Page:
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Uttarakhand » Governance

Posted at: Jan 23, 2015, 12:28 AM; last updated: Jan 22, 2015, 10:28 PM (IST)

Guv: Scientists must explore causes for forest degeneration

Tribune News Service

Dehradun, January 22

Uttarakhand Governor Dr Krishan Kant Paul has called upon foresters to work towards bringing the degraded forests to life.

Addressing the valedictory session of International Symposium on Transforming Mountain Forestry held at Forest Research Institute, Dehradun, Dr Paul argued that degraded soils do not hold healthy forests and called upon the scientists and foresters to explore the causes of forest degeneration.

“The once highest rainfall area of Cherrapunji in Meghalaya is now bereft of forests and shrubs,’’ Paul pointed out. He said some of the traditional practices like the sacred forests in the tribal areas of the north-eastern India could offer traditional methods of sustaining forests.

The governor also highlighted the need to conduct research on finding hydrocarbon species that can address the fossil fuel crisis. “By drawing patents on new discoveries of products from the forests, the scientists can make the best use of knowledge”, he remarked. He also categorically held that the recommendations drawn by the symposium should influence policy.

Spread over 5 days in as many as 26 plenary and parallel sessions, the International Symposium on Transforming Mountain Forestry delved into a wide diversity of issues related to mountain forestry in the Hindukush Himalayas.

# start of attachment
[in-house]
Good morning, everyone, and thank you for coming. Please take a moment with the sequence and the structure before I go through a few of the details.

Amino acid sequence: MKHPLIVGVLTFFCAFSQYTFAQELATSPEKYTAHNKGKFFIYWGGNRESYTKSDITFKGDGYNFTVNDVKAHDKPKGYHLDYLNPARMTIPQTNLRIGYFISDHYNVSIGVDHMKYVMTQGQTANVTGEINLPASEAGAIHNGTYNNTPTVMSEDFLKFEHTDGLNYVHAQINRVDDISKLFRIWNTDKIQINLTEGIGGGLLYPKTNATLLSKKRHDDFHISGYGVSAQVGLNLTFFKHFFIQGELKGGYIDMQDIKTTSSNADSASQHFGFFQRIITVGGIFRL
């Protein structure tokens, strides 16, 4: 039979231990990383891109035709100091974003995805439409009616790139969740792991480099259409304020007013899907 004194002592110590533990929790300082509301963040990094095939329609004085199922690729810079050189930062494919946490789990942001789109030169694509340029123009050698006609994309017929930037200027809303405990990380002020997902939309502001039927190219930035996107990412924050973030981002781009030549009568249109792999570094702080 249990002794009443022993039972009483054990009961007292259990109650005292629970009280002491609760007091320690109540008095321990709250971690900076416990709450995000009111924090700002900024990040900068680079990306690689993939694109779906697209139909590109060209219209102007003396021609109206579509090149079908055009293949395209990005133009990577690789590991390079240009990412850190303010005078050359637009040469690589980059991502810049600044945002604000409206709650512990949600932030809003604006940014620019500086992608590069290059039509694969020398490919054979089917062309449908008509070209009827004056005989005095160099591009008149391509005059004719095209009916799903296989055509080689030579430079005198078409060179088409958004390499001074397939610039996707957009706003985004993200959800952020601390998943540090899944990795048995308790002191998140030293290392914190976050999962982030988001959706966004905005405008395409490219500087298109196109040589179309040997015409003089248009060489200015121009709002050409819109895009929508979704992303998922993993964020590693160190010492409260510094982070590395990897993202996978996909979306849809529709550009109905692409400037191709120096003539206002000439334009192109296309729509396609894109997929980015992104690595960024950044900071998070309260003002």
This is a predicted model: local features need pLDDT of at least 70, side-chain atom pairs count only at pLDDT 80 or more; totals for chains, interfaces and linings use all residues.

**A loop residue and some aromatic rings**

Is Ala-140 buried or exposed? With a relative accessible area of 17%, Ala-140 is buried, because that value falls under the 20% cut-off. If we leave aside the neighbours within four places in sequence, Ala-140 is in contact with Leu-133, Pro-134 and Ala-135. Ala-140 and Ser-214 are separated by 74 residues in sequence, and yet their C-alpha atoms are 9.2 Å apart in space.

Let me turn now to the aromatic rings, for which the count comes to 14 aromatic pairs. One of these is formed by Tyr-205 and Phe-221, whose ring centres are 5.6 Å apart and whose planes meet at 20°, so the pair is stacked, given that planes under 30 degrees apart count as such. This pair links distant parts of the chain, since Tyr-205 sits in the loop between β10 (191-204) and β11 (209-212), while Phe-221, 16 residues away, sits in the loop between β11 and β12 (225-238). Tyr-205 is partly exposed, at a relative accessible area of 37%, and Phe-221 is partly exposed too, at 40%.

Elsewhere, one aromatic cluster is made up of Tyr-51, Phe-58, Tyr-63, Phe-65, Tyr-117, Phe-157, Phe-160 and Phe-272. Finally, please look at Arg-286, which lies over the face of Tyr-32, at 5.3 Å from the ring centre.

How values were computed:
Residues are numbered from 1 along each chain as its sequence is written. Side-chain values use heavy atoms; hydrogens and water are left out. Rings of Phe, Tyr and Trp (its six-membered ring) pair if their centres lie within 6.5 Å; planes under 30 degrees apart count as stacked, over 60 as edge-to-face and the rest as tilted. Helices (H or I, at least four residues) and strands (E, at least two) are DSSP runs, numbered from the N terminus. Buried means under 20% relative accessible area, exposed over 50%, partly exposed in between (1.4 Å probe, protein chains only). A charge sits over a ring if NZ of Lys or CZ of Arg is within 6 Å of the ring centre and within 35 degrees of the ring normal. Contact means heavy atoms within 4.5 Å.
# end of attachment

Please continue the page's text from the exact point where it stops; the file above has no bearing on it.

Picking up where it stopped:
The need for linking science with policy and practice was stressed. Innovative ways to exchange knowledge for bridging information gaps was suggested to create horizontal and vertical links among stakeholders.

The symposium was unequivocal in voicing its concern on the growing human-wildlife conflicts. Ways to improve forest management by involving and engaging communities were put forth. Incentives to enhance stewardship of forests by communities by developing both fiscal and non-fiscal mechanisms for payment for ecosystem services were showcased through case studies. Recognising and mainstreaming traditional knowledge in planning and implementation could inspire local stewardship of forests.

A total of 250 participants drawn from 15 countries, including 8 countries of the HKH region attended the symposium, which was jointly organized by the Union Ministry of Environment, Forests and Climate Change, India; Forest Research Institute, India and the International Centre for Integrated Mountain Development (ICIMOD).

Later talking to mediapersons, FRI Director Dr PP Bhojvaid said that the symposium was successful in convincing eight Himalayan countries to frequently hold interaction on mutual issues. He disclosed that key issues affecting the region were deliberated upon in 43 sessions of the five-day long symposium.

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